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A Sly Spinal Cord Tumor

A Sly Spinal Cord Tumor

The patient, an 8-year-old boy from Western Michigan, experienced progressive back and hip pain, constipation and urinary hesitancy for over six weeks. His father took him to the local emergency department, where a staff physician ordered an X-ray that, unfortunately, did not reveal the source of the boy’s pain.

The doctor said he should be fine in a week or two but he got worse — it got to the point where he couldn’t walk and could only sleep with his knees on the bed,” says his father, Kesong Hu, tearfully. “Jake is an awesome son, highly empathetic and he always tries to consider others first. When he hurts he doesn’t tell you.”

That prompted a visit to another physician, who gave the child an examination and a massage but no answers. The father then contacted colleagues at the university where he works as a neuropsychologist. They recommended a work-up at another hospital six hours away, where imaging uncovered the culprit: a tumor embedded deep in the spinal canal, beneath the dura at the thoracolumbar junction. Jake needed to see a neurosurgeon and quickly, one with extensive experience in resecting such evasive spinal tumors. His father knew right away where to look.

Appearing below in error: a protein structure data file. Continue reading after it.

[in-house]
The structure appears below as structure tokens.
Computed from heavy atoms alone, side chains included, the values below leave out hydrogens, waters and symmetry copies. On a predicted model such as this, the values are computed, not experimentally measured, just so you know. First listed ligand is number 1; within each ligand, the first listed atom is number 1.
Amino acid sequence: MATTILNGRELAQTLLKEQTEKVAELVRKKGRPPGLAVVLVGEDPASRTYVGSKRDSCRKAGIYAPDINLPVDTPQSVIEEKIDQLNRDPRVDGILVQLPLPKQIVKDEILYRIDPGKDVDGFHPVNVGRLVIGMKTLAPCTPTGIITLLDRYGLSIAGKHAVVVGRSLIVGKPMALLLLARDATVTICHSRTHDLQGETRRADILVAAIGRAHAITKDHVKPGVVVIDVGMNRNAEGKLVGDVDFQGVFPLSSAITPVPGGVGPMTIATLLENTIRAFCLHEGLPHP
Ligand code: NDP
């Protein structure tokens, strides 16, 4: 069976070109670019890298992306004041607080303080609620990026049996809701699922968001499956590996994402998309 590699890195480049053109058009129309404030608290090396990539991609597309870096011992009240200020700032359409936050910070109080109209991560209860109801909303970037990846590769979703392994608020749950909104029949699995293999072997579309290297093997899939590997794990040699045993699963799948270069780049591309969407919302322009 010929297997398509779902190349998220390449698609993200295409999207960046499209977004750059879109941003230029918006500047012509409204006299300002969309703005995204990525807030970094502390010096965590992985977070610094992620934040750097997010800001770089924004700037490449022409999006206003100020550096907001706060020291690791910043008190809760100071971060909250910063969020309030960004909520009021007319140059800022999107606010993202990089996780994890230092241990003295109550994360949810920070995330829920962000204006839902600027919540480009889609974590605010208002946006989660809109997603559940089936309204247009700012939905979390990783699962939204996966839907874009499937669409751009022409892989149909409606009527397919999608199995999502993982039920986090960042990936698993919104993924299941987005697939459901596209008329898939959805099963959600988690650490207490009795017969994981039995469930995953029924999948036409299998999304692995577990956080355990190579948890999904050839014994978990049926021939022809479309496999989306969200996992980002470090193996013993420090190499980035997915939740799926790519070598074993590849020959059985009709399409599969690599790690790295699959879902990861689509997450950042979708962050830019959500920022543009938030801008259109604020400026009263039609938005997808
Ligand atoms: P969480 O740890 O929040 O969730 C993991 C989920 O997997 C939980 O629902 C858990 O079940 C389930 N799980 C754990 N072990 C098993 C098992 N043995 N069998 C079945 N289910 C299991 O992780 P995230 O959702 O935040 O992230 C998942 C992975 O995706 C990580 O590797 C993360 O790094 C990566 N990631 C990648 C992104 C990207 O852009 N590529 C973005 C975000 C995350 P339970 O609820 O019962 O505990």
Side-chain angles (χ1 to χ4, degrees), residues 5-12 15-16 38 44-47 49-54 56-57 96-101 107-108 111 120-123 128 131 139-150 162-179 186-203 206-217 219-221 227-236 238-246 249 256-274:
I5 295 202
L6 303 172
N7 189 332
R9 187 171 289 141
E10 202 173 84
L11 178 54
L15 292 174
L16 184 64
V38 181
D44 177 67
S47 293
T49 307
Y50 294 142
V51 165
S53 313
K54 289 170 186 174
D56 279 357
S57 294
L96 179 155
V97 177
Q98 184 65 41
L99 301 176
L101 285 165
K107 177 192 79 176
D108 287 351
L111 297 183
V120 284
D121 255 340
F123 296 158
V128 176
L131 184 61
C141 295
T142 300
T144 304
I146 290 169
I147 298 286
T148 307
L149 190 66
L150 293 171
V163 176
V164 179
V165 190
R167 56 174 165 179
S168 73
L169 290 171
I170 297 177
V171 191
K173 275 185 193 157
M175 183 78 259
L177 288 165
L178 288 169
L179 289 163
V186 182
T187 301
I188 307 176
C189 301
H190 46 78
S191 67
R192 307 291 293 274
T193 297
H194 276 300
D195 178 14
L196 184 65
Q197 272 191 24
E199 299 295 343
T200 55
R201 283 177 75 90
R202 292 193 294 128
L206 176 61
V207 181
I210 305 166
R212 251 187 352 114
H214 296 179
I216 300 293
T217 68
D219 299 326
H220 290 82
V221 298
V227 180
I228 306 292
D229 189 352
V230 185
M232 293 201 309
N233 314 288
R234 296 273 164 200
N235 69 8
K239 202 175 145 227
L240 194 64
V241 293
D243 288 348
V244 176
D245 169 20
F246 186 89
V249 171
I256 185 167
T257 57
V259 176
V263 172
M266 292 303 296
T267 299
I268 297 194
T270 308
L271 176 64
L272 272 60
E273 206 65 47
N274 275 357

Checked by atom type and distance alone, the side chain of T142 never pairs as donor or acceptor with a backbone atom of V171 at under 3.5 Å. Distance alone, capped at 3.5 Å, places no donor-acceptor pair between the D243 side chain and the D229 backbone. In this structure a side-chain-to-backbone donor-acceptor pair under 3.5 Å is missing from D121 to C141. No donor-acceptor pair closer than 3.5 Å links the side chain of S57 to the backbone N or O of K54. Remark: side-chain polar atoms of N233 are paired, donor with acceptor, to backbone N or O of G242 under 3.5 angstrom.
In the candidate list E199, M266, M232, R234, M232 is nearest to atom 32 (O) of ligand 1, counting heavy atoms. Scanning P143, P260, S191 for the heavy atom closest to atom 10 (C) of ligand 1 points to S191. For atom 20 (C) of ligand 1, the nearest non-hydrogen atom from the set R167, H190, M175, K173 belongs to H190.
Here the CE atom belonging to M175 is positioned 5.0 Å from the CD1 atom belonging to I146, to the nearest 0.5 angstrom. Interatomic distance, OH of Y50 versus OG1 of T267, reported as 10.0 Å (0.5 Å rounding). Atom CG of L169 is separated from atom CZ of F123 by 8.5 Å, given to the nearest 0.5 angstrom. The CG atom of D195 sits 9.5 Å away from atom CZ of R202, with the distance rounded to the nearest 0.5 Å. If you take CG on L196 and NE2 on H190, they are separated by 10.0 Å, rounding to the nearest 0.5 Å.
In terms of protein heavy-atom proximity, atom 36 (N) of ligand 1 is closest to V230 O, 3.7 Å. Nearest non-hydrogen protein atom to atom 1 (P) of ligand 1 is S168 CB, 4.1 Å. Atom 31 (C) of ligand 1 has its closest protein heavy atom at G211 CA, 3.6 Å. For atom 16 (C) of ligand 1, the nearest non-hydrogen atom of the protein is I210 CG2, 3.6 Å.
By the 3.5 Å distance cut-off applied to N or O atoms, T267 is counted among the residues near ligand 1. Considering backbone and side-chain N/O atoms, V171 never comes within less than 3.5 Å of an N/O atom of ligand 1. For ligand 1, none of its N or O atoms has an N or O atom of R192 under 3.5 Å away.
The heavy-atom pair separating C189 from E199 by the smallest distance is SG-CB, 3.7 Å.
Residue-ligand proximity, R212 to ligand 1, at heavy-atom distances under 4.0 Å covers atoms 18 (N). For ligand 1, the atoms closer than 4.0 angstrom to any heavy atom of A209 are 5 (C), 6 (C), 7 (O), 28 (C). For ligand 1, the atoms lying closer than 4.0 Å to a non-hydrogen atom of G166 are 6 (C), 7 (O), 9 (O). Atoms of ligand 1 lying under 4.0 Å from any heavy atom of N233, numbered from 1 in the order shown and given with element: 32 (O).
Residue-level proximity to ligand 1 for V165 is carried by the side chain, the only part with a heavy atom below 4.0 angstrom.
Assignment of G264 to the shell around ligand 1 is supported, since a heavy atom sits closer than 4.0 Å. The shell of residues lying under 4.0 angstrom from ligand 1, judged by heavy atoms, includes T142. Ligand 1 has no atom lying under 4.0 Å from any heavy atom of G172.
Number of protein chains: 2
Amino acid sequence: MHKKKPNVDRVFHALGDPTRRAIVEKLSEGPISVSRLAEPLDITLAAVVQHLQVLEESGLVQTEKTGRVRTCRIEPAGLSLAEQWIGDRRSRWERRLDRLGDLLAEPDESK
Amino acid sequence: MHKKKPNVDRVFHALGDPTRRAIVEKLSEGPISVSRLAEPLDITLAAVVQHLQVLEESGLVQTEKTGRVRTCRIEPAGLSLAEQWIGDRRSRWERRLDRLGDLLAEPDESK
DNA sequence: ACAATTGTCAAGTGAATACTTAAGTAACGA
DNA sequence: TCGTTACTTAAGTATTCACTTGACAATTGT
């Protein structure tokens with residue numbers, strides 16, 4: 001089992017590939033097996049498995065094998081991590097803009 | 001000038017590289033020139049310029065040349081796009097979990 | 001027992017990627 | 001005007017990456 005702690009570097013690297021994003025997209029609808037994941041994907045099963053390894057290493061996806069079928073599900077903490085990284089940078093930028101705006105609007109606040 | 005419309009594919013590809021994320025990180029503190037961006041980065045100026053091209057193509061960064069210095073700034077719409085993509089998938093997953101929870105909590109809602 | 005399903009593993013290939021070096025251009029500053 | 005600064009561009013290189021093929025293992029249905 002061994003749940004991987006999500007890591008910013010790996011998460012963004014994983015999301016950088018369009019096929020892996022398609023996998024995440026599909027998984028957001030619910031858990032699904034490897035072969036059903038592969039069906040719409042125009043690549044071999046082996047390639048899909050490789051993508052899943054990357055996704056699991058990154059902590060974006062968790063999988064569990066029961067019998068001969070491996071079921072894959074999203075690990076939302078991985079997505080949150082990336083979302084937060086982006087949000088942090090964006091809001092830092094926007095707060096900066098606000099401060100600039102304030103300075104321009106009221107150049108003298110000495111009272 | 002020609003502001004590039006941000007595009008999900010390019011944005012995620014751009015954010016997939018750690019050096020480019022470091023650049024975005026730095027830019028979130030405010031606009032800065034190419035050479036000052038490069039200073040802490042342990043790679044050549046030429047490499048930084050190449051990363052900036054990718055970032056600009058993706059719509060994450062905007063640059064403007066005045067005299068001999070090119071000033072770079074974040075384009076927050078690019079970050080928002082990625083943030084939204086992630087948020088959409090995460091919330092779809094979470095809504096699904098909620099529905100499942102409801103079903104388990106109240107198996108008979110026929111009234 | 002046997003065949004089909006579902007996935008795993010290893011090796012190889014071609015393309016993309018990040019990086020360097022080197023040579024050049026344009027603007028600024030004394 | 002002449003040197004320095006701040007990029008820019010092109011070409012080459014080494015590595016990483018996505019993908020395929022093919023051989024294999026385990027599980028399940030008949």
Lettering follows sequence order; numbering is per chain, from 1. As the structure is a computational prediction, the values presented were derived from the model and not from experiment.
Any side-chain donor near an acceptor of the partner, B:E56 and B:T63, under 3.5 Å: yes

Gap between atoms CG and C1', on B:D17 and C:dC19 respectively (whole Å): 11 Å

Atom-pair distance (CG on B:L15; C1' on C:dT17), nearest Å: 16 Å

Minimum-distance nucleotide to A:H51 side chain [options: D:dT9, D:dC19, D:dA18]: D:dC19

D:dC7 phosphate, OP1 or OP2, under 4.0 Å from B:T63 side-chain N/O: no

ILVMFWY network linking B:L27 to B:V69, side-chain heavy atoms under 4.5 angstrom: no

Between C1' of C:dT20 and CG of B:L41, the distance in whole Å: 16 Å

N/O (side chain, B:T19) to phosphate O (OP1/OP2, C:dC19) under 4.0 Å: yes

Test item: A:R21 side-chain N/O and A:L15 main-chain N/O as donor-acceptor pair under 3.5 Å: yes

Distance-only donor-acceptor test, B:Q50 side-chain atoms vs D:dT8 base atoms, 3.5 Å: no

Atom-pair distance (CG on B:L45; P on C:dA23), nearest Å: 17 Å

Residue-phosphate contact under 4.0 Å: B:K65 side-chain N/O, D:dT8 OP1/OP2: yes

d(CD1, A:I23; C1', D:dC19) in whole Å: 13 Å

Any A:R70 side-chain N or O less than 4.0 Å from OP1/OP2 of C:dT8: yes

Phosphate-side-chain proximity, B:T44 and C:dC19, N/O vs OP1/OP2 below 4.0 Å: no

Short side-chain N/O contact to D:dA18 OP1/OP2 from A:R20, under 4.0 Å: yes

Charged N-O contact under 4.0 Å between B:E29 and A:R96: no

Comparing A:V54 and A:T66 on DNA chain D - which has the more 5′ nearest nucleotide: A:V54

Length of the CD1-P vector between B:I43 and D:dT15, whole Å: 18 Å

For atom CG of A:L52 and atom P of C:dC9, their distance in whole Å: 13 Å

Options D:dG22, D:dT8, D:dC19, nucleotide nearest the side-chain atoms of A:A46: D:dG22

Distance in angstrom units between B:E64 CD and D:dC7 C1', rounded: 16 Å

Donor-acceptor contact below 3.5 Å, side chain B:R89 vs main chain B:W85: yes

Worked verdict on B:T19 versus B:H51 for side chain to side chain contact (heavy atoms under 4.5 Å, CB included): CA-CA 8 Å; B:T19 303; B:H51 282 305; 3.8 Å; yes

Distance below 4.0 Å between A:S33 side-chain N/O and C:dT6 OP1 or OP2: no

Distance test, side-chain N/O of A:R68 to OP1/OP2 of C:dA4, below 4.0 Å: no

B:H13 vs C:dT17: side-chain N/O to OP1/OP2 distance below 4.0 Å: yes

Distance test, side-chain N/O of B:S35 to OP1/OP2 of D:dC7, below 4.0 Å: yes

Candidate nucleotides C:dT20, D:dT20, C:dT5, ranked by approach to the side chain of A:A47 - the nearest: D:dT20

Having grown up in College Park, Maryland, and as a former neuropsychology student at Johns Hopkins, he was well aware of The Johns Hopkins Hospital’s reputation. A website search steered him to pediatric neurosurgeon Alan Cohen, who quickly initiated a telemedicine consult with the father and the referring hospital staff. With medical records and imaging electronically in hand — and seeing the large schwannoma tumor occupying and compressing the spinal cord and nerve roots — Cohen agreed time was of the essence.

“The tumor was filling the whole spinal canal with no room to go anywhere else,” says Cohen. “If it got any bigger, he could have lost all motor function as well as control of his bowel and bladder.”

Three days later, Jake was in the operating room designed for pediatric neurosurgical patients at Johns Hopkins Children’s Center. Because schwannoma tumors arise from the lining of the nerve cells, Cohen knew dissecting a tumor wrapped around the nerve roots and spinal cord would be “tricky.” Intraoperative neurophysiologic monitoring was needed, along with microsurgical tools to separate the highly adherent nerves and spinal cord from the tumor. How did it go? The delicate five-hour procedure, says Cohen, was successful.

“The tumor is indeed benign and now it’s gone,” says Cohen. “In the recovery room, Jake was moving his legs perfectly.”

The father’s response?

“The team was very highly efficient, very professional, and provided emotional support,” he says. “I feel like they gave a second life to my son.”

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